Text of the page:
World congress call for transformational leadership rather than incremental adjustment
Business leaders have been painfully slow to address the challenge of climate change according to Prof Colin Coulson-Thomas. Speaking at the 20th World Congress on Environment Management and Climate Change he told delegates: “Addressing climate change requires more than incremental adjustment. If sustainable lifestyles are to occur in both developing countries and the developed world, business, economic and social transformation are required.”
The author of “Winning Companies; Winning People” pointed out: “Some people define sustainability in terms of enabling existing operations, growth and development to continue. For others, sustainability is living within the boundaries of what is possible given the finite resources of our planet. Reconciling the two requires transformational leadership.”
He continued: “Many organisations need to operate differently and move more quickly. Boards making steady progress need to step up, provide transformational leadership, and embrace new models of organisation and business, and different strategies, methods of finance and forms of governance. However, many committed and well intentioned directors are comfortable with current practices. They feel successful, live well and consider they are doing a good job.”
The professor told attendees: “For most of my working life there have been a variety of options for transforming organisations, supply chains and how we operate. There have been a rich diversity in terms of how, when, where and with whom one could work, learn and acquire. They can have a beneficial impact upon the environment and reduce some of the drivers of climate change. Yet traffic jams and their associated pollution have increased.”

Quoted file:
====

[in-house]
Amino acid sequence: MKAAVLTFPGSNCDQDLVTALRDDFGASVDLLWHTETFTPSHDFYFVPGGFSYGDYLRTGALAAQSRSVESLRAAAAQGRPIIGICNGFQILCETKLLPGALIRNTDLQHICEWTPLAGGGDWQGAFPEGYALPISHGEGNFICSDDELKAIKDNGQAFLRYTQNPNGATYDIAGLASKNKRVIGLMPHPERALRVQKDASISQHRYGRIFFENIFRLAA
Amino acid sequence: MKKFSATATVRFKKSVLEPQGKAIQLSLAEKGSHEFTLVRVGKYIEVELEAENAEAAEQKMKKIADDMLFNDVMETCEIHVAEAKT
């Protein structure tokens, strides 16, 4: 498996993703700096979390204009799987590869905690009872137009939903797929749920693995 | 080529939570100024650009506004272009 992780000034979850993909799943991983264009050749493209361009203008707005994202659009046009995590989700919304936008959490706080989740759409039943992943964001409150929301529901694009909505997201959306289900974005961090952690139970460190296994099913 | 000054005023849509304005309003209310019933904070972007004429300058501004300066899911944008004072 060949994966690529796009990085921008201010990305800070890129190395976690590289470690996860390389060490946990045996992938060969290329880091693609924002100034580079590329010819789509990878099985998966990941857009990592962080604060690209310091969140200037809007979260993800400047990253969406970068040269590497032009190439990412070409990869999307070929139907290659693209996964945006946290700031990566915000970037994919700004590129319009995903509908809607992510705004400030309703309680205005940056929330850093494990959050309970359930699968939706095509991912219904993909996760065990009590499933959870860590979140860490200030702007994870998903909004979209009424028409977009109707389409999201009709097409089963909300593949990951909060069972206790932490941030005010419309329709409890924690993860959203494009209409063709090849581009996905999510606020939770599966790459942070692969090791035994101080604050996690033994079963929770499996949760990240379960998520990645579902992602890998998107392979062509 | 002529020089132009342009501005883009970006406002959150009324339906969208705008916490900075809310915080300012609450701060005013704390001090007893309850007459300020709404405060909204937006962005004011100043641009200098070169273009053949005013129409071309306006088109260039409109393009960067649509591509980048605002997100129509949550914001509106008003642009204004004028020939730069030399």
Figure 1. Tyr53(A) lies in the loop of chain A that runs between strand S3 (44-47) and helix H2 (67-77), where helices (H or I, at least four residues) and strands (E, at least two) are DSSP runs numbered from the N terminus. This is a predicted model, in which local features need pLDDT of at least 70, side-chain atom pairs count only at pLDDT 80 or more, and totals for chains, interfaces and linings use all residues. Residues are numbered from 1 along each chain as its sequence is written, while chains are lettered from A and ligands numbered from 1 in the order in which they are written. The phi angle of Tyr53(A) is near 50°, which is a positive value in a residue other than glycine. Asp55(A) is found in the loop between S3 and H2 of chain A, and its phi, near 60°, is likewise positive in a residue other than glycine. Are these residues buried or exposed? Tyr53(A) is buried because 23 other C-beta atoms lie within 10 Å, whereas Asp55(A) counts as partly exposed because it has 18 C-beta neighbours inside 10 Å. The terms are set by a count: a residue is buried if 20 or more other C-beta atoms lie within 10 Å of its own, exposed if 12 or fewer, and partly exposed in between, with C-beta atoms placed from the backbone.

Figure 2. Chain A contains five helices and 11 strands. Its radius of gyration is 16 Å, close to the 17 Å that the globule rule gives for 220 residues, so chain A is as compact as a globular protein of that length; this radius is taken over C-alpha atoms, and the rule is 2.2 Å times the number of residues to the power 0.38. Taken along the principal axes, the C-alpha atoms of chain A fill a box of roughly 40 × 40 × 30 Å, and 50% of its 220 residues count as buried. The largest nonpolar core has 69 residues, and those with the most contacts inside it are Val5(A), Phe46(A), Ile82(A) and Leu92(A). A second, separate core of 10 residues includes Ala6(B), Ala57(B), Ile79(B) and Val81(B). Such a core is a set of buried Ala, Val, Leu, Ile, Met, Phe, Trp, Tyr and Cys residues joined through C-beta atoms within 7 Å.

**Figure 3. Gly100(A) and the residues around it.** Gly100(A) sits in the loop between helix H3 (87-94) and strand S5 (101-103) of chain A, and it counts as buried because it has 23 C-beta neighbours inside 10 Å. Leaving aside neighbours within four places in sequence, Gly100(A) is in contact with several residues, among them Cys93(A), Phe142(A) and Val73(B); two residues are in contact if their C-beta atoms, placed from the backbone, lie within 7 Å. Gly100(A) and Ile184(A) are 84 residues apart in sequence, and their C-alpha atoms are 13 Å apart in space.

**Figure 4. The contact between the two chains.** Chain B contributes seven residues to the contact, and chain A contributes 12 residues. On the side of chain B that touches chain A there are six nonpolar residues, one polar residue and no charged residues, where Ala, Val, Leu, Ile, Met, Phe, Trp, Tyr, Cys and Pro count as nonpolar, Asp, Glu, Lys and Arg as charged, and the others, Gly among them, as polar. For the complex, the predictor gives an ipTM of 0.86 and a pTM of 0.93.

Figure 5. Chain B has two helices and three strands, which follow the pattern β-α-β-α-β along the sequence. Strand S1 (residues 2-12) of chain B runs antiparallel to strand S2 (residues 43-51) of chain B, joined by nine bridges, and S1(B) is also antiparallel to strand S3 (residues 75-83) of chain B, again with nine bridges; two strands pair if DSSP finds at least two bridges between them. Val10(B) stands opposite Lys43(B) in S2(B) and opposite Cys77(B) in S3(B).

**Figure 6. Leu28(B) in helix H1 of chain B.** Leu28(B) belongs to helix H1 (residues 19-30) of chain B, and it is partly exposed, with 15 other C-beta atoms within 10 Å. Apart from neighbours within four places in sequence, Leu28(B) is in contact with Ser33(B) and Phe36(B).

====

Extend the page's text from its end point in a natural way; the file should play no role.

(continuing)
Coulson-Thomas finds: Many boards are only now looking at approaches, applications of technology, and business models that are far superior to current practices. Why the disinterest for so long? Are the laggards ignorant, lazy or just risk averse? Are they suffocating transformation? To provide environmental leadership, boards need to encourage diversity, challenge and creativity. They have to release potential, support innovation and inspire and enable entrepreneurship.”
The professor has been shocked by how slow most boards are to seize opportunities: “There were AI environments in the 1980s. Many so called disruptive technologies are not new. They are only disruptive for the complacent, unaware and idle. The alert, imaginative and energetic see them as enabling technologies. Too often there is awareness rather than application. Knowing about something does not mean that it will be used to transform how a company is organised, operates and creates value. Impact depends upon how knowledge is used and for what purpose.”
Coulson-Thomas finds laggards abound: “Struggling UK retail chains announce store closures and seek arrangements with their creditors. Their CEOs and directors cite changing purchasing habits such as buying on-line as the reason for their discomfort. On-line shopping is hardly new. Twenty five years ago natives in the Amazon basin were selling their craft wares via the internet. I wondered why companies run by highly paid business school graduates and advised by leading professional firms were not as imaginative.”